Ocasio-Cortez Lights Up Rep. Yoho For ‘Apology’ Over ‘F***ing Bitch Insult’

The congresswoman said the incident highlighted a culture of “impunity” that allows powerful men to make “dehumanizing” comments about women, even when they are their colleagues.

Rep. Alexandria Ocasio-Cortez took to the House floor on Thursday to respond to comments made by Rep. Ted Yoho the day before in an attempted apology after he reportedly called her a “fucking bitch” earlier in the week.

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The Florida Republican has repeatedly denied that he specifically aimed vulgar language at the New York Democrat, which was overheard by a reporter for The Hill. According to the outlet, Yoho accosted Ocasio-Cortez on the steps of the Capitol on Tuesday, saying she was “disgusting” before making the vulgar comment once she had walked away.

In her floor comments, Ocasio-Cortez said, “When I was reflecting on this, I honestly just thought I was going to pack it up and go home ― it’s just another day. But then yesterday, Rep. Yoho decided to come to the floor of the House of Representatives and make excuses for his behavior.”

Yoho had insisted Wednesday said that “the offensive name-calling words attributed to me by the press were never spoken to my colleagues,” adding, “and if they were construed that way, I apologize for their misunderstanding.”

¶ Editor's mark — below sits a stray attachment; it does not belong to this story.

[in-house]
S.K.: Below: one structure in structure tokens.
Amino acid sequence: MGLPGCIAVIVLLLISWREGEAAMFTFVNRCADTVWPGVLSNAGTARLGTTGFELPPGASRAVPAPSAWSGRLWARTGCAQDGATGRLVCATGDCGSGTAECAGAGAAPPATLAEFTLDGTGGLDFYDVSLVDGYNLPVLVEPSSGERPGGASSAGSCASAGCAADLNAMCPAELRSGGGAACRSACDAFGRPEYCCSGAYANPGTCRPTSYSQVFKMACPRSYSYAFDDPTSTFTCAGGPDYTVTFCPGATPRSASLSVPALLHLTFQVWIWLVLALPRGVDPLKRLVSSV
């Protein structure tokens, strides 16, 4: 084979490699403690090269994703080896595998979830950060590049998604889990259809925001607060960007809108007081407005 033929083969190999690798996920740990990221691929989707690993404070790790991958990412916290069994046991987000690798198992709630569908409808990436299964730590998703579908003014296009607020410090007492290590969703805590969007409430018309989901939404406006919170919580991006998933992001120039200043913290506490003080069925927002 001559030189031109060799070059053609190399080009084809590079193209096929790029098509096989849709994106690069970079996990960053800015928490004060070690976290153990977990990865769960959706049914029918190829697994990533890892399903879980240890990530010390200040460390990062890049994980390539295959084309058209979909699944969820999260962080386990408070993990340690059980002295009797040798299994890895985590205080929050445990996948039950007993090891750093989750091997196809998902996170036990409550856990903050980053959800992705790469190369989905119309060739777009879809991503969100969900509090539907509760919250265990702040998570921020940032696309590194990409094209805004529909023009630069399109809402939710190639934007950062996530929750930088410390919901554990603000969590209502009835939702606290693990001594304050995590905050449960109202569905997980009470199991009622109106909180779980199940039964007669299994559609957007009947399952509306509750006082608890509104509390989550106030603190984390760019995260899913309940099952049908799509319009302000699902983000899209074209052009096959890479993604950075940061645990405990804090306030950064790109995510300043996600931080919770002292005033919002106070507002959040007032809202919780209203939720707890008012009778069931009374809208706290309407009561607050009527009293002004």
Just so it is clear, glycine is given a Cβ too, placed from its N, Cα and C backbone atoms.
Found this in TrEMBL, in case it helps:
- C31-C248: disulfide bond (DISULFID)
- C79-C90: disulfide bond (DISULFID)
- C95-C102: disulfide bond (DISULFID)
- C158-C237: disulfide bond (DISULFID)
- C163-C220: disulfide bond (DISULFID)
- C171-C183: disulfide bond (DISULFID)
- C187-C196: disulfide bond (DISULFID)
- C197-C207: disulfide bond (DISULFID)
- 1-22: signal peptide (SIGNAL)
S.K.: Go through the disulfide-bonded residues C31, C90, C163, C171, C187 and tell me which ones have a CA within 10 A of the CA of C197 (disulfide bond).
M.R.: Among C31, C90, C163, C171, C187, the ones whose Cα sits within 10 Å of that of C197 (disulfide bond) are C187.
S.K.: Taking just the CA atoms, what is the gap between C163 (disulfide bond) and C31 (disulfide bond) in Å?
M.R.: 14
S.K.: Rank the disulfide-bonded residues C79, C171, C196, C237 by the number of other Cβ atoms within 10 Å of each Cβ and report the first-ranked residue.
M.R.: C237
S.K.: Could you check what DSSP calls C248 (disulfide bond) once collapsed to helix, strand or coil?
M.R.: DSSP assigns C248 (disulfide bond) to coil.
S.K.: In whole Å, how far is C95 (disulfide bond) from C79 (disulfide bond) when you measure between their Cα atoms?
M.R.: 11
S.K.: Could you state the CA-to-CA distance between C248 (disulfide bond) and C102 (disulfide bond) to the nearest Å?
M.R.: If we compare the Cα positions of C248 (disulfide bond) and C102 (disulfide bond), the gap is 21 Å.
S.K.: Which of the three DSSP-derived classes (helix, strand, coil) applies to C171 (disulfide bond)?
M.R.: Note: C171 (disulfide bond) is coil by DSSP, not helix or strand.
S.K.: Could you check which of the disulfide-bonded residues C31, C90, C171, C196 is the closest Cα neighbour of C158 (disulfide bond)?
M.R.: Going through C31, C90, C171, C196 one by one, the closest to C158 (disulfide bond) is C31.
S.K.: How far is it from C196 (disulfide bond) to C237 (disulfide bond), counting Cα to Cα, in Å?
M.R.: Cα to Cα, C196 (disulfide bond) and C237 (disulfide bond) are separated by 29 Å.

Characterizing his confrontation with Ocasio-Cortez as a “conversation” instead of a verbal assault, he said, “It is true that we disagree on policies and visions for America, but that does not mean we should be disrespectful. Having been married for 45 years with two daughters, I’m very cognizant of the language I use.”

Ocasio-Cortez on Thursday said she was fine with Yoho not being willing to honestly apologize for his actions, but she took exception to the way Yoho invoked his image as a family man.

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“What I do have an issue with is using women, our wives, our daughters as shields and excuses for poor behavior,” she said. “Mr. Yoho mentioned that he has a wife and two daughters. I am two years younger than Mr. Yoho’s youngest daughter. I am someone’s daughter, too.”

“My father, thankfully, is not alive to see how Mr. Yoho treated his daughter. My mother got to see Mr. Yoho’s disrespect on the floor of this House towards me on television. And I am here because I have to show my parents that I am their daughter and that they did not raise me to accept abuse from men.”

She continued, “What Mr. Yoho did was give permission for men to use that language against his daughters. “Having a daughter does not make a man decent. Having a wife does not make a decent man. Treating people with dignity and respect makes a decent man.”

The congresswoman said the incident highlighted a culture of “impunity” that allows powerful men to make “dehumanizing” comments about women, even when they are their colleagues.

“This kind of language is not new,” Ocasio-Cortez said. “I have tossed men out of bars that have used language like Mr. Yoho’s.”

She added: “This is not new, and that is the problem.”

Yoho, first elected in 2012, is not seeking reelection this year.

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